A few days prior to Christmas, the House and Senate took strong bipartisan action to pass a bill that made enhanced tax incentives for conservation easement donations permanent. This action represents a huge win for conservation and landowners who wish to permanently protect the natural features of their property, ease their tax burden, and potentially lessen estate taxes on heirs to property.
This enhanced incentive can help many landowners choose conservation, even those of modest means, by:
- Raising the maximum deduction a donor can take for donating a conservation easement from 30% of their adjusted gross income (AGI) in any year to 50%;
- Allowing qualified farmers and ranchers to deduct up to 100% of their AGI; and
- Increasing the number of years over which a donor can take deductions from 6 to 16 years.
Before Congress took this recent action, an agricultural landowner earning $50,000 a year who donated a conservation easement worth $1 million could take a total of no more than $90,000 in tax deductions. Now, under the enhanced incentive, that same landowner can take as much as $800,000 in tax deductions – still less than the full value of their donation, but a significant increase.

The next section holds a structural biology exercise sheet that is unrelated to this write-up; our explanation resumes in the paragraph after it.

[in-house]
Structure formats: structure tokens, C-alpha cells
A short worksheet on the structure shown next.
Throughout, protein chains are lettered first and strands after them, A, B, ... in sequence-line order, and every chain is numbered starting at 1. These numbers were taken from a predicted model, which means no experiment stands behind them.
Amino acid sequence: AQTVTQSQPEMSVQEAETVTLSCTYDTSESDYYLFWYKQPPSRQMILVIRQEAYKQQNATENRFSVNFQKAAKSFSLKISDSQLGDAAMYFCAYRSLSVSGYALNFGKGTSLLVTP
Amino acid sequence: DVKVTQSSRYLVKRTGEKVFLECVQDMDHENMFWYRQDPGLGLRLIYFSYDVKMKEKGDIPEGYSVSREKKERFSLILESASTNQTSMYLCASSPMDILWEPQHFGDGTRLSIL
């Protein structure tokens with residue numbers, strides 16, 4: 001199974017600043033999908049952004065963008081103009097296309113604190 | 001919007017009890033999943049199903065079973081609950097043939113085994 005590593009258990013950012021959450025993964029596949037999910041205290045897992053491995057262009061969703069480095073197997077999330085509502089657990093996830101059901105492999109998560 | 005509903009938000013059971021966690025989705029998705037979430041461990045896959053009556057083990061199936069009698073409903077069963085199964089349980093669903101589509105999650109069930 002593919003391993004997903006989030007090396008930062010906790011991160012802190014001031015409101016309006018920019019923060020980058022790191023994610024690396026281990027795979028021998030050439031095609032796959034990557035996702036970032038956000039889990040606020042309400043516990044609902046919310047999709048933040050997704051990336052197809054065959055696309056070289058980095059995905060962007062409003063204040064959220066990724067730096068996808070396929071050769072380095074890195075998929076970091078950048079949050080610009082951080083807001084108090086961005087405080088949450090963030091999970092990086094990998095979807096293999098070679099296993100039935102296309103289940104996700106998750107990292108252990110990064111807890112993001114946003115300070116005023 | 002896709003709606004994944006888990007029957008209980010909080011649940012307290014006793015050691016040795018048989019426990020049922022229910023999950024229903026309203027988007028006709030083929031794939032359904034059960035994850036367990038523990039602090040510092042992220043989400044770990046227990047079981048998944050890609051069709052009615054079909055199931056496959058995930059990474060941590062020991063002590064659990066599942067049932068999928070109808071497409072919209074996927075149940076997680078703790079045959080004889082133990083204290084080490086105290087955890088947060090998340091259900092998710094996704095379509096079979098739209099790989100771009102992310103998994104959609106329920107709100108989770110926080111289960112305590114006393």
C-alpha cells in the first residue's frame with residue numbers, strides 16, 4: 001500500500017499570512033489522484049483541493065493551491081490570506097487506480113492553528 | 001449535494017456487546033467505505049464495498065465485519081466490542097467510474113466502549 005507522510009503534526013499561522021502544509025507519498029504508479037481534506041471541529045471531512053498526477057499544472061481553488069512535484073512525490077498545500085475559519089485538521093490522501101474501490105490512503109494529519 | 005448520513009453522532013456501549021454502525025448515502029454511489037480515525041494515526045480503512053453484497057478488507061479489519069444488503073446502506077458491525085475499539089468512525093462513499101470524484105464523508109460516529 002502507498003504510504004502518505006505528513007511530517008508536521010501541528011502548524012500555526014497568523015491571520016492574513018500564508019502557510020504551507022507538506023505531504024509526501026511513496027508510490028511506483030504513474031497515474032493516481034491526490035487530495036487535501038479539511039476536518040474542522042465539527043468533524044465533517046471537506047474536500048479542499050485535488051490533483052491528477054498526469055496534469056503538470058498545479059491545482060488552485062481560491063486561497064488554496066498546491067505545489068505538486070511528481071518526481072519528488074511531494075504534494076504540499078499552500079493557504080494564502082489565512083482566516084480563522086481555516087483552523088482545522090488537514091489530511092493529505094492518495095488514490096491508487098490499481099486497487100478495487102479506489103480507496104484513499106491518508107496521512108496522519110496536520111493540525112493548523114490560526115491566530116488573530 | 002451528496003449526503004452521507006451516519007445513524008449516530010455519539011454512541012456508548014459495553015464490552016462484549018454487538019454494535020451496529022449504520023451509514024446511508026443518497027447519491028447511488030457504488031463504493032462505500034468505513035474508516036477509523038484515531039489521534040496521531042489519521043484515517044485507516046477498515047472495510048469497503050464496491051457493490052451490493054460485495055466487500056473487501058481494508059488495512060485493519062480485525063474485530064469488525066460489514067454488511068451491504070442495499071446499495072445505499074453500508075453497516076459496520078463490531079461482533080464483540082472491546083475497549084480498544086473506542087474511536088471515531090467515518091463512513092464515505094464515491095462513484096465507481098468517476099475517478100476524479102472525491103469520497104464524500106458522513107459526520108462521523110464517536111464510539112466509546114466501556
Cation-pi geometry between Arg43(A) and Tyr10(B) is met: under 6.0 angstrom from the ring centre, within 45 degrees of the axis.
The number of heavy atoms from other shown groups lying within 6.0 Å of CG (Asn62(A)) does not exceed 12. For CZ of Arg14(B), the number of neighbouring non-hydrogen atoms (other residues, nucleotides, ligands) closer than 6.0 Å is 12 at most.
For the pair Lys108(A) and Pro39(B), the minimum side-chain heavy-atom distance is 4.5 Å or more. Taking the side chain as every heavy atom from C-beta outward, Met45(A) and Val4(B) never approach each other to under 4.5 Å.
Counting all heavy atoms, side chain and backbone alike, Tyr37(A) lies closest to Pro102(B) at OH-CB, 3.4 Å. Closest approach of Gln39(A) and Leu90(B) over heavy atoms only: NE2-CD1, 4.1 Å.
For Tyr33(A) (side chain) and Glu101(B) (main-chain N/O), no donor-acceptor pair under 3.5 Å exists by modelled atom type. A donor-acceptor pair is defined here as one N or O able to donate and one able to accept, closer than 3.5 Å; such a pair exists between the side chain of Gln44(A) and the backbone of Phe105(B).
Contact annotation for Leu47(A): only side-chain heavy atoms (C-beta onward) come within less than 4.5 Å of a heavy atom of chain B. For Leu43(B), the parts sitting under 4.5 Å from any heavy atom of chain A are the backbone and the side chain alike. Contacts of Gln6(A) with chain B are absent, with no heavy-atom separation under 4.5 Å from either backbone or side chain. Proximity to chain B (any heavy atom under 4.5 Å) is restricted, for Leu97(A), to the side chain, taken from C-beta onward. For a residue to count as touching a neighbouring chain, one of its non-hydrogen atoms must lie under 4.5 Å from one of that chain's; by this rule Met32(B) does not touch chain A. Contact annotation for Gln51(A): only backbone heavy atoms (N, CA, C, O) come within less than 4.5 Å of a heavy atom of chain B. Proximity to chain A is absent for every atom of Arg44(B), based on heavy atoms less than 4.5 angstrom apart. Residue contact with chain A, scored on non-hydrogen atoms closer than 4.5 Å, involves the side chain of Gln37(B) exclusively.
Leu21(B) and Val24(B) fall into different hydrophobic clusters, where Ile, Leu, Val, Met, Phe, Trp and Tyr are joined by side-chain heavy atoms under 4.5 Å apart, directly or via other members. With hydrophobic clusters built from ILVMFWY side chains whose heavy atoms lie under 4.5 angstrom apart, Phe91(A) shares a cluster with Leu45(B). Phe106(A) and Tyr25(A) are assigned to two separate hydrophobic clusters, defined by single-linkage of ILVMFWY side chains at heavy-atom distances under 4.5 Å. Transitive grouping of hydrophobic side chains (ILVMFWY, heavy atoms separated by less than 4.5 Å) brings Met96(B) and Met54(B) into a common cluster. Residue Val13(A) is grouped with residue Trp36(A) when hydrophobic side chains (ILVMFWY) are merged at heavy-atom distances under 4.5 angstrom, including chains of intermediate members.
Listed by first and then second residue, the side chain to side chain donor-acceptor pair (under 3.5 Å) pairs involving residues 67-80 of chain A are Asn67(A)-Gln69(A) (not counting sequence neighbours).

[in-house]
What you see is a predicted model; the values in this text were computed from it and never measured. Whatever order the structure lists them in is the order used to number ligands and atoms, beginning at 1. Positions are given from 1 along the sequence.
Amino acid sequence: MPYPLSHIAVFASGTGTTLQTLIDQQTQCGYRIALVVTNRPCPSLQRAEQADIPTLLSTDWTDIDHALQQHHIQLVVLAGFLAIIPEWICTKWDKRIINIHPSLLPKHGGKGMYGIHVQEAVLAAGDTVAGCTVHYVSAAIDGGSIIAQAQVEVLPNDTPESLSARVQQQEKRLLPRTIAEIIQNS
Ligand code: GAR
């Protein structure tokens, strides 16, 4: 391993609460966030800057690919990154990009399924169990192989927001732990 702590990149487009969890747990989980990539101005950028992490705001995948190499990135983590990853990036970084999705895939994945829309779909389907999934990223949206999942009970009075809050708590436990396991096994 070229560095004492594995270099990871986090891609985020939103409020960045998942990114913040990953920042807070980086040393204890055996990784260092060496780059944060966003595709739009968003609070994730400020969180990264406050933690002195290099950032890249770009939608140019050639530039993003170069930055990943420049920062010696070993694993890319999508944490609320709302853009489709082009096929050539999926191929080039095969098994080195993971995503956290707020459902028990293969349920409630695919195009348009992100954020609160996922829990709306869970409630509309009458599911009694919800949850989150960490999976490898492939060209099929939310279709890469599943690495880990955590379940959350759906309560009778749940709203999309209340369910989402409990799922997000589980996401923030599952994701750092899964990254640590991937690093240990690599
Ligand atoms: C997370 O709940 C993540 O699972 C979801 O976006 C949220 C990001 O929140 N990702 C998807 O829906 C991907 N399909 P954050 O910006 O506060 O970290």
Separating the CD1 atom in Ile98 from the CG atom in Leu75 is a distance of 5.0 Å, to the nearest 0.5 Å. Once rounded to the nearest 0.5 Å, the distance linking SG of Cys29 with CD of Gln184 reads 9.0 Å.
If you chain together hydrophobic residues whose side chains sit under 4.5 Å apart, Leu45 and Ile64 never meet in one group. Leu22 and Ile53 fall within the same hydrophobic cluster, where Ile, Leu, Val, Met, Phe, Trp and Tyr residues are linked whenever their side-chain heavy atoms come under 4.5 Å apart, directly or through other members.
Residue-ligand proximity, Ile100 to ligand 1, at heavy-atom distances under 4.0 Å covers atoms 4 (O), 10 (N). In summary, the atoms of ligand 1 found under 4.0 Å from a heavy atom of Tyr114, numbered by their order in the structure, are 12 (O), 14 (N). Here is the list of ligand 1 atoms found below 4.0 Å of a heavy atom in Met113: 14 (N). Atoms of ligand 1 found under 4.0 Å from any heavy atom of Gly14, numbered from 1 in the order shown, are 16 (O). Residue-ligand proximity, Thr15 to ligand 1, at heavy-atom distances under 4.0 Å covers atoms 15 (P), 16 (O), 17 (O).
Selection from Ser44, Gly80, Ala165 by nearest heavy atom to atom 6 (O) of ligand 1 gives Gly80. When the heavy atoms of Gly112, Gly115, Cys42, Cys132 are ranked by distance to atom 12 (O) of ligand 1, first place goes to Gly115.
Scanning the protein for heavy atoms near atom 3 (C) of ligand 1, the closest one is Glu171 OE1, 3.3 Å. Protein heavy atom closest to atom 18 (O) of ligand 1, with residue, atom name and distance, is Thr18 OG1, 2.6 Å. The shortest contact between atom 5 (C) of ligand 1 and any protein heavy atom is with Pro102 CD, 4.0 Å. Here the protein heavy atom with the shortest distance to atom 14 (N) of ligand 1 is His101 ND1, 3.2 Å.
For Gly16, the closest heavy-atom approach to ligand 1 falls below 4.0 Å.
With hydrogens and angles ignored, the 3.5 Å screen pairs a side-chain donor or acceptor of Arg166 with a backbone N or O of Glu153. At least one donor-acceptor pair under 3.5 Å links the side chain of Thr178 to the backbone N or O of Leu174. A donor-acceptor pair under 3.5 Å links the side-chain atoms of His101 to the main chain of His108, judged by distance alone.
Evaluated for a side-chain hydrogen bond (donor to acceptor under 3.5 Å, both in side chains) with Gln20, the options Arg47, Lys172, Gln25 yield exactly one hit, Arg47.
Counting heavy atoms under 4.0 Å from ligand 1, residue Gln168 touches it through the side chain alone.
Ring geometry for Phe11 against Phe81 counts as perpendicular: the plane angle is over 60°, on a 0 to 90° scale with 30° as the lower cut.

Land placed in conservation easement may be utilized for a wide range of activities including farming, grazing, hunting, recreation, and the conservation of natural resources. Land under easement can also be passed on to heirs or sold. In essence, a conservation easement allows a private landowner to permanently retire certain land uses and development rights on a property in order to protect significant natural resources.
Conservation organizations like The Nature Conservancy have used conservation easements for many years as an effective means of protecting sensitive natural resources while still keeping land in private ownership. Within the upper Green River region, for example, the Conservancy already holds over 60 such easements on privately owned property, focused primarily on lands with direct frontage along the Green River or a major tributary.
If you are a landowner interested in learning whether a conservation easement is right for you, you may contact Dian Osbourne, Director of Protection, by email at firstname.lastname@example.org or by phone at (859) 259-9655 x5016 to learn more.